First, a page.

Culinary & Restaurant Management Schools
Culinary and restaurant management schools cater to creative and driven people who enjoy work that's fun and challenging. In fact, many of these schools have impressive track records. They've taught countless food-lovers how to run restaurants and stage culinary events. And they can do the same for you.
Training in this field often covers a lot of different subjects related to food service, beverages, and hospitality. That's because you may have duties that include overseeing aspects like menu planning, inventory control, staffing, dining room management, customer relations, and costing. As a professional, you will be able to create happy and balanced experiences. Imagine the ingredients: Great food. Great service. Great atmosphere. All are required for your establishment to run smoothly and profitably.
So fuel your ambitions with skills that can make you a real pro. Request more details from one of these schools today!
Restaurant Management Schools
5 Beneficial Aspects of Becoming a Culinary or Restaurant Manager
Dining out is one of America's favorite pastimes. In fact, according to one report, people in the U.S. eat out 2 to 6 times per week, on average. It's such a popular activity that the nation's restaurant industry can generate $863 billion in sales during a single year, says the National Restaurant Association. And that means it also provides a lot of appealing career opportunities.
People who've completed culinary and restaurant management training hold some of the most compelling jobs in the industry. After all, every dining establishment and food-service operation needs to be overseen by qualified managers who know what it takes to satisfy customers, coordinate staff, and meet financial expectations.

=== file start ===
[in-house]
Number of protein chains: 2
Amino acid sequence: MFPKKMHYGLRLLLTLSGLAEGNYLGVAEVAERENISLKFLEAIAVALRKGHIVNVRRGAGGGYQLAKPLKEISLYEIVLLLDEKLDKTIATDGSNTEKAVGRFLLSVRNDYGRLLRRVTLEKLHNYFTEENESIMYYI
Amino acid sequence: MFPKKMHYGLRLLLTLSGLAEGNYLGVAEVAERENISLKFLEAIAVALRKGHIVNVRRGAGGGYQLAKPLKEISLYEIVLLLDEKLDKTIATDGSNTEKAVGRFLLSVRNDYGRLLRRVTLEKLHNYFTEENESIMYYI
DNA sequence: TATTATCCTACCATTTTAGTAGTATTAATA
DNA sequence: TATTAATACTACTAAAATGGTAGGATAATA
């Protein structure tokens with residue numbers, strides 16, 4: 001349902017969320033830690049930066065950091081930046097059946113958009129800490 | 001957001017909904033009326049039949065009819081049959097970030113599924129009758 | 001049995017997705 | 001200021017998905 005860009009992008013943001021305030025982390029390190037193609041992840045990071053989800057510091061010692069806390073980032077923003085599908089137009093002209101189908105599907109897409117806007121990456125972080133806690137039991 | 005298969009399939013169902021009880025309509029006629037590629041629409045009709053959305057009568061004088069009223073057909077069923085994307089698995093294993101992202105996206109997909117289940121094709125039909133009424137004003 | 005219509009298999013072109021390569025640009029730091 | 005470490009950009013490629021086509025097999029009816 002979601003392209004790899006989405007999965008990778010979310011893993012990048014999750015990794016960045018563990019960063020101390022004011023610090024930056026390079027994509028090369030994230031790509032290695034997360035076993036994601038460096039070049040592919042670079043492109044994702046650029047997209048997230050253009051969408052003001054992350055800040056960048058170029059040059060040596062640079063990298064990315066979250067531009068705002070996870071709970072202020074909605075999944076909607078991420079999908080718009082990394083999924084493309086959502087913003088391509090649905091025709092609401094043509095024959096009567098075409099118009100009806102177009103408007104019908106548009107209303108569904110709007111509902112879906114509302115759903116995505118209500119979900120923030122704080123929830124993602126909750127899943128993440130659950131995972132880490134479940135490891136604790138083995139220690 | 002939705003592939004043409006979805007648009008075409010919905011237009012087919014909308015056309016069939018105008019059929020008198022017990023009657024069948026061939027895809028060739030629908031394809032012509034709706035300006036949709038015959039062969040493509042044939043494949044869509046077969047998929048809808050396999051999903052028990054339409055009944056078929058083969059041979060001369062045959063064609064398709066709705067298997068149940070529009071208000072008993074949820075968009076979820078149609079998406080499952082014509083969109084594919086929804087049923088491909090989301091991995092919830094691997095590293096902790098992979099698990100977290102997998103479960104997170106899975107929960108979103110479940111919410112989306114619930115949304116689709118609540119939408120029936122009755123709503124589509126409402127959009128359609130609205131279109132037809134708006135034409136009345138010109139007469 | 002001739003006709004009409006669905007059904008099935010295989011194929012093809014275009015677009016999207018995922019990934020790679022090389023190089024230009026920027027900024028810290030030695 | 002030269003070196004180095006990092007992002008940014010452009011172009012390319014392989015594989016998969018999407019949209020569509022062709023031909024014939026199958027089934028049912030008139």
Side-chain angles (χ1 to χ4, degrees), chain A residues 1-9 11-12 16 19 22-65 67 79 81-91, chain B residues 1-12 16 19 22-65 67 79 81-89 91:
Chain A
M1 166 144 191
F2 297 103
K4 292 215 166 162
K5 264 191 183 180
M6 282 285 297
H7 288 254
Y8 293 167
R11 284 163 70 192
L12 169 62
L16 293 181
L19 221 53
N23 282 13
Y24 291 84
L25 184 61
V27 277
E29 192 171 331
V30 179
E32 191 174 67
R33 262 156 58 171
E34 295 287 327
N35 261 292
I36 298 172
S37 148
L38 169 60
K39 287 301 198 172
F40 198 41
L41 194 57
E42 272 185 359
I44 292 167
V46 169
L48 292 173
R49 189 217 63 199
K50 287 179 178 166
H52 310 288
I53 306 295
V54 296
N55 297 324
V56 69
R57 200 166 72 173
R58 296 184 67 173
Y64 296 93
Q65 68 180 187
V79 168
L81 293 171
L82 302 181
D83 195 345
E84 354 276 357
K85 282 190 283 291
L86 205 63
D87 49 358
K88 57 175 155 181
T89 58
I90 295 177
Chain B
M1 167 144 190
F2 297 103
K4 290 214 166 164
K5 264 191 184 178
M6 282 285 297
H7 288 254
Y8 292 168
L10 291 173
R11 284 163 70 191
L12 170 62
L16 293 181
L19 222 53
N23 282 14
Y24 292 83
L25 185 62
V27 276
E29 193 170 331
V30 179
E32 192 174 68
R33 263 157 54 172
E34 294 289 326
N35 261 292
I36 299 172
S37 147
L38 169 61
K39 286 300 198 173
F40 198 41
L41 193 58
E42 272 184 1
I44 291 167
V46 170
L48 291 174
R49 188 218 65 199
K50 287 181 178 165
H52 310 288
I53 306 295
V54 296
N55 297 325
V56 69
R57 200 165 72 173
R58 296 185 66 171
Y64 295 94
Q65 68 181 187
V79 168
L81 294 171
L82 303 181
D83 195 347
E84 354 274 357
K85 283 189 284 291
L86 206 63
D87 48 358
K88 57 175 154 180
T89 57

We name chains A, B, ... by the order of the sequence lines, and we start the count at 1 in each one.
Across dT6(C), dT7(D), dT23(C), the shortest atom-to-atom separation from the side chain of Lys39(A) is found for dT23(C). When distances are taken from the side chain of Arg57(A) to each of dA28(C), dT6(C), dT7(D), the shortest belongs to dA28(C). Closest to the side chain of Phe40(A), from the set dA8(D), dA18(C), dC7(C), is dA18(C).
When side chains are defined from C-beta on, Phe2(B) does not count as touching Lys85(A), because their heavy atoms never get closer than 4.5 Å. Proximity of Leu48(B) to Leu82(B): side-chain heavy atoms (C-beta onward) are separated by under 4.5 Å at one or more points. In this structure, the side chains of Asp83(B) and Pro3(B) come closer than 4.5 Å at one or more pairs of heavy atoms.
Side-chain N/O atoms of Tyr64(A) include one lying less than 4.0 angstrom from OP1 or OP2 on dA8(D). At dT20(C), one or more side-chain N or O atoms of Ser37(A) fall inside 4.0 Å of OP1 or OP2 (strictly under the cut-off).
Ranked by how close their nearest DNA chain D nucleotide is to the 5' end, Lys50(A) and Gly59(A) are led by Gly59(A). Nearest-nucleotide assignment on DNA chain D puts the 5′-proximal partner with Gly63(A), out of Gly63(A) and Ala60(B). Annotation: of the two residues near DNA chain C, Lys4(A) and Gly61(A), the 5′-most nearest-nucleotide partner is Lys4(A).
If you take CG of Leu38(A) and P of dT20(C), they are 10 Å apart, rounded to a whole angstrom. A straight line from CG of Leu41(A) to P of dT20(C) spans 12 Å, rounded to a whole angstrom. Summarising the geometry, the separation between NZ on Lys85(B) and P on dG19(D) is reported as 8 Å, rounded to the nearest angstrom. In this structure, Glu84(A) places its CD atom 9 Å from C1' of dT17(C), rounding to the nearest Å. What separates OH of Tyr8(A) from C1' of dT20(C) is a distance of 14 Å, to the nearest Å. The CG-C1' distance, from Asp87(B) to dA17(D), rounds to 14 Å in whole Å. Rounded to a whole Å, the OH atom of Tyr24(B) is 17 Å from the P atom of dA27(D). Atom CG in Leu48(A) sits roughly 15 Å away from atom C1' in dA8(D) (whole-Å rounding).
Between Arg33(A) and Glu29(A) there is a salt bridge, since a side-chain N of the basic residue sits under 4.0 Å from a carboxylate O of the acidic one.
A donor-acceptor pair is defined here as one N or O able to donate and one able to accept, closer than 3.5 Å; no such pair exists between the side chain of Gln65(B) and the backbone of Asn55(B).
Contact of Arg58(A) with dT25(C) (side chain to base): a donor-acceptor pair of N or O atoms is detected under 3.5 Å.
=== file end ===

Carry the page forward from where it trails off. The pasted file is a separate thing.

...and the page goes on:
In short, this area of hospitality is frequently a great fit for dedicated, enthusiastic, and detailed-oriented people who love food and enjoy creating great shared experiences. Plus, for their efforts, restaurant and culinary managers often get to benefit from rewarding aspects of this vocation such as:
1. Fulfilling Personal Interactions
Managing a restaurant or other type of culinary operation isn't as much about the food or beverages as it is about the people. From customers to employees to suppliers, people are at the heart of every establishment's success. They require the most attention. As a result, they also provide the most opportunity for attaining a deep sense of accomplishment and satisfaction in your management career.
For example, consider the most common complaint that people have when dining out. According to the same survey mentioned earlier, the number one thing that tends to irritate American diners the most is bad service. But that means service is an area where a good culinary or restaurant manager can really shine. Every guest provides a chance to demonstrate that you and the establishment you manage care about offering a positive experience. That's why, handled correctly, every personal interaction—no matter the situation—can become a gratifying moment of connection.
Managers hold the key to creating the type of delightful atmosphere that people hunger for. When guests feel cared about and leave satisfied, it can produce enormous feelings of pride and achievement. And the same can be said about interactions with staff and outside suppliers. It's the new and returning people you get to serve, along with the ones you work alongside every day, that make culinary management such a special vocation.
2. Daily Variety and Direct Impact